• Vulcan Centaur 2: Peregrine Lunar Lander for NASA CLPS
  • Vulcan Centaur 3: USSF-67 National Security Payload
  • Vulcan Centaur 4 & 5: Back-to-back Space Development Agency launches
  • Vulcan Centaur 6: USSF-52 National Security Payload

At the same time, ULA will be working to certify Vulcan to fly the most expensive US national security assets. Vulcan must go through up to 6 certification flights before it can compete for launching the NRO’s billion-dollar spy satellites, GPS IIIFs for the Space Force, or the future B-21 Raider stealth bomber.

ULA also hopes to secure the lucrative Phase 2 National Security Space Launch contracts by 2025. ULA split about 60% of the Phase 1 contracts awarded in 2020 with rival SpaceX taking 40% as the Air Force tapped two providers rather than sole sourcing ULA.

Competition will be even tougher in Phase 2 though as Blue Origin expects New Glenn to come online. Northrop Grumman’s OmegA rocket and Japan’s H3 vehicle may also vie for future national security launch contracts.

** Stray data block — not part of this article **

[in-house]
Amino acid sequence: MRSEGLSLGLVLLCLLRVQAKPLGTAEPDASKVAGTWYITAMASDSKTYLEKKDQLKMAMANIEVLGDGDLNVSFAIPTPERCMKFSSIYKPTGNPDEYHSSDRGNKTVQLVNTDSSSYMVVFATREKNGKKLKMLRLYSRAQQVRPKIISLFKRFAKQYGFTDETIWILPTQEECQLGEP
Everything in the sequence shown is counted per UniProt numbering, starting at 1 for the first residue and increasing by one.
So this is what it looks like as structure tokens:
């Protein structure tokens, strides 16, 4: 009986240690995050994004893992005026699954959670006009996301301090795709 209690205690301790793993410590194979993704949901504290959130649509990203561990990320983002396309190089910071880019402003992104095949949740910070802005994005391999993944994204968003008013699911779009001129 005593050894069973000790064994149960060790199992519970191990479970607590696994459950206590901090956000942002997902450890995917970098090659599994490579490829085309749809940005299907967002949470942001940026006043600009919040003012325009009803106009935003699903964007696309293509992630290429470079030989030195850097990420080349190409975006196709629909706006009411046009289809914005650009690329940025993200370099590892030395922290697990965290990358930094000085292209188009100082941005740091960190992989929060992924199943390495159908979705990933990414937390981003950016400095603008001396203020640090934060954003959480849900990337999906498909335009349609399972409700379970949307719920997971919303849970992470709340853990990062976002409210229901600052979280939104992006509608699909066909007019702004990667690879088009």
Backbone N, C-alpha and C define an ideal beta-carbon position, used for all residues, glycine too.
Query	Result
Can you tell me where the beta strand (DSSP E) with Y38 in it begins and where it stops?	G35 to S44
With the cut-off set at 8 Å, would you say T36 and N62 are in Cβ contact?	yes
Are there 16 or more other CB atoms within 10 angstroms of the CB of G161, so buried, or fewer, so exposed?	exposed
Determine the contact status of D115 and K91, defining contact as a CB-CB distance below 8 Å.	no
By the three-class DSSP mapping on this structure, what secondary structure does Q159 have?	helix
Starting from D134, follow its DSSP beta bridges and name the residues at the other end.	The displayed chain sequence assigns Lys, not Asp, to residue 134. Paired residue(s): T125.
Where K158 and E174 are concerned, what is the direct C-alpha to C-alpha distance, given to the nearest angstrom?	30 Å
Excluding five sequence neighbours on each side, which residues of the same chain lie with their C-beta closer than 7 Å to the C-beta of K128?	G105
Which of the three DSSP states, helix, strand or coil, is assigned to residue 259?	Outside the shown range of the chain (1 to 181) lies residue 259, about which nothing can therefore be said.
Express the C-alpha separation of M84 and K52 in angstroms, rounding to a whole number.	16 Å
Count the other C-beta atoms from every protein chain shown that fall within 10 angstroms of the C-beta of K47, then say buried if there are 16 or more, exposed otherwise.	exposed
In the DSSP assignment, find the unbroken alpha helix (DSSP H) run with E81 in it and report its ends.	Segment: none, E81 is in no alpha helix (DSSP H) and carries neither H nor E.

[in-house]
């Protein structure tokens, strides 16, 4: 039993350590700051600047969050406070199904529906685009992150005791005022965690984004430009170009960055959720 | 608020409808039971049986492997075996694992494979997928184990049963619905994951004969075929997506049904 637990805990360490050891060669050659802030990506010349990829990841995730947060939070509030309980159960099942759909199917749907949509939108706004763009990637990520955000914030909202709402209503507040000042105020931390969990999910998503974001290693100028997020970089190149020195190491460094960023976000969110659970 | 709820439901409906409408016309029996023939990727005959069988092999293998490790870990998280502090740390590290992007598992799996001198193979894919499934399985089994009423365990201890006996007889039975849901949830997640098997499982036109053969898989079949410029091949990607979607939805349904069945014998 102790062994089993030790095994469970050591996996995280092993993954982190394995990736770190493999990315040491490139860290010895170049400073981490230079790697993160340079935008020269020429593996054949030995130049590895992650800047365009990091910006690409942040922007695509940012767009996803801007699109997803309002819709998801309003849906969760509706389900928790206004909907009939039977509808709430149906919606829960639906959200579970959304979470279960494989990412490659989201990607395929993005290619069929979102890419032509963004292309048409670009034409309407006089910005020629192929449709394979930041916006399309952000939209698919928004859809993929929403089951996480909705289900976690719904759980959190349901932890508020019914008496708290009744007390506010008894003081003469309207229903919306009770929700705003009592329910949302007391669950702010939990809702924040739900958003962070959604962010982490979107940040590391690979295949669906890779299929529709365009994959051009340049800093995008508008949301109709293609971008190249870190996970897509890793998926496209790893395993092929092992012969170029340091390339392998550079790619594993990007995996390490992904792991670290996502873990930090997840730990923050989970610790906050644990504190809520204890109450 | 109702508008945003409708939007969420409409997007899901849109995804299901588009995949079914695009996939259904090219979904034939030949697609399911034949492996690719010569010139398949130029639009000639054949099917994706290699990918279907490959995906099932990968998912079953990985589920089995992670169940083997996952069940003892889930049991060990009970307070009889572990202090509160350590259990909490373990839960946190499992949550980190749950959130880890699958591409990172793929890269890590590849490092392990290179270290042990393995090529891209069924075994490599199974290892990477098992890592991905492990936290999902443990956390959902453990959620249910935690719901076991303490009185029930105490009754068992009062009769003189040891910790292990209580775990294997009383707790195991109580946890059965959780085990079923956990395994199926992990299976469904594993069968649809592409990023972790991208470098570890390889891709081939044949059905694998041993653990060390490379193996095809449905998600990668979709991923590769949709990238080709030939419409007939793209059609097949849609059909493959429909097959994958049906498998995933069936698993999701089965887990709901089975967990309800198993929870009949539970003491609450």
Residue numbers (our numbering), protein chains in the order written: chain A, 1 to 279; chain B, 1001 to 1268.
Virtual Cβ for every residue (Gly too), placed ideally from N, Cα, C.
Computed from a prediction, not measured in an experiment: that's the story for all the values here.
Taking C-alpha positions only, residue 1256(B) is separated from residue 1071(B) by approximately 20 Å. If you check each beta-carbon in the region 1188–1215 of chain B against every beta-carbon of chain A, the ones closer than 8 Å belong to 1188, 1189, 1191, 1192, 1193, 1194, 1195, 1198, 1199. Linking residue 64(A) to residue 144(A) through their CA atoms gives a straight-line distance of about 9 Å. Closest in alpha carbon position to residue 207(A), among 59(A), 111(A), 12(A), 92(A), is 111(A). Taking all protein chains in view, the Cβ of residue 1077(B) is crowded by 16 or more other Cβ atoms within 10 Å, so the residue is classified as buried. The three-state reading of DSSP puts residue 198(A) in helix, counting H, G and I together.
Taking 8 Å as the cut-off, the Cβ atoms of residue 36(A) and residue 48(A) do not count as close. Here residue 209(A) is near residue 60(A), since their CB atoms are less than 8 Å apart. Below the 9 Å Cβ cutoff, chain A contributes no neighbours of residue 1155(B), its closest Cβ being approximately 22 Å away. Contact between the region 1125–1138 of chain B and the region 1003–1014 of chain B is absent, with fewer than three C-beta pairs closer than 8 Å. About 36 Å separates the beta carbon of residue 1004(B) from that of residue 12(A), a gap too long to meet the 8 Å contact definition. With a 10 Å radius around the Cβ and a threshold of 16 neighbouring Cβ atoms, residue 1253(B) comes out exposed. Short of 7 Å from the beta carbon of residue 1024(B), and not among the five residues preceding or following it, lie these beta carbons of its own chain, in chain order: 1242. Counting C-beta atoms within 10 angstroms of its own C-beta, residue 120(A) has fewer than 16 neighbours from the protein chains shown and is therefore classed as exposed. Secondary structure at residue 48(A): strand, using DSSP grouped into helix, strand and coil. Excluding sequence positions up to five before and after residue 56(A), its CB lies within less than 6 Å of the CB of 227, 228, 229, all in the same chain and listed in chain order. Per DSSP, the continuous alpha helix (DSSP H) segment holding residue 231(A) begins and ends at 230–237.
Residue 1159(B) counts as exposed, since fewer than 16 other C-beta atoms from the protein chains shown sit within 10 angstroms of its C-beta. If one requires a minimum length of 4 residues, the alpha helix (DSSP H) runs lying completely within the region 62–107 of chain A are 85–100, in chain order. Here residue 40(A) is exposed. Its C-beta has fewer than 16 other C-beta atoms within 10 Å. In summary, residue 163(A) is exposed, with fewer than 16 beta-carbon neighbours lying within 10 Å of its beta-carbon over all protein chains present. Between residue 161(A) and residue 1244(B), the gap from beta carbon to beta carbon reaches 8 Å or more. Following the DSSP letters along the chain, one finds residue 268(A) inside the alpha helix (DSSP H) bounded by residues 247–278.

For ULA’sVulcan Centaur, a smooth first flight will kickstart validating its future as America’s new reliable rocket before ownership changes shape the company behind the scenes. All eyes turn to Cape Canaveral as decades of Atlas V and Delta IV launches give way to the new Vulcan era blasting off on January 8th.




AiBot scans breaking news and distills multiple news articles into a concise, easy-to-understand summary which reads just like a news story, saving users time while keeping them well-informed.

To err is human, but AI does it too. Whilst factual data is used in the production of these articles, the content is written entirely by AI. Double check any facts you intend to rely on with another source.

By AiBot

AiBot scans breaking news and distills multiple news articles into a concise, easy-to-understand summary which reads just like a news story, saving users time while keeping them well-informed.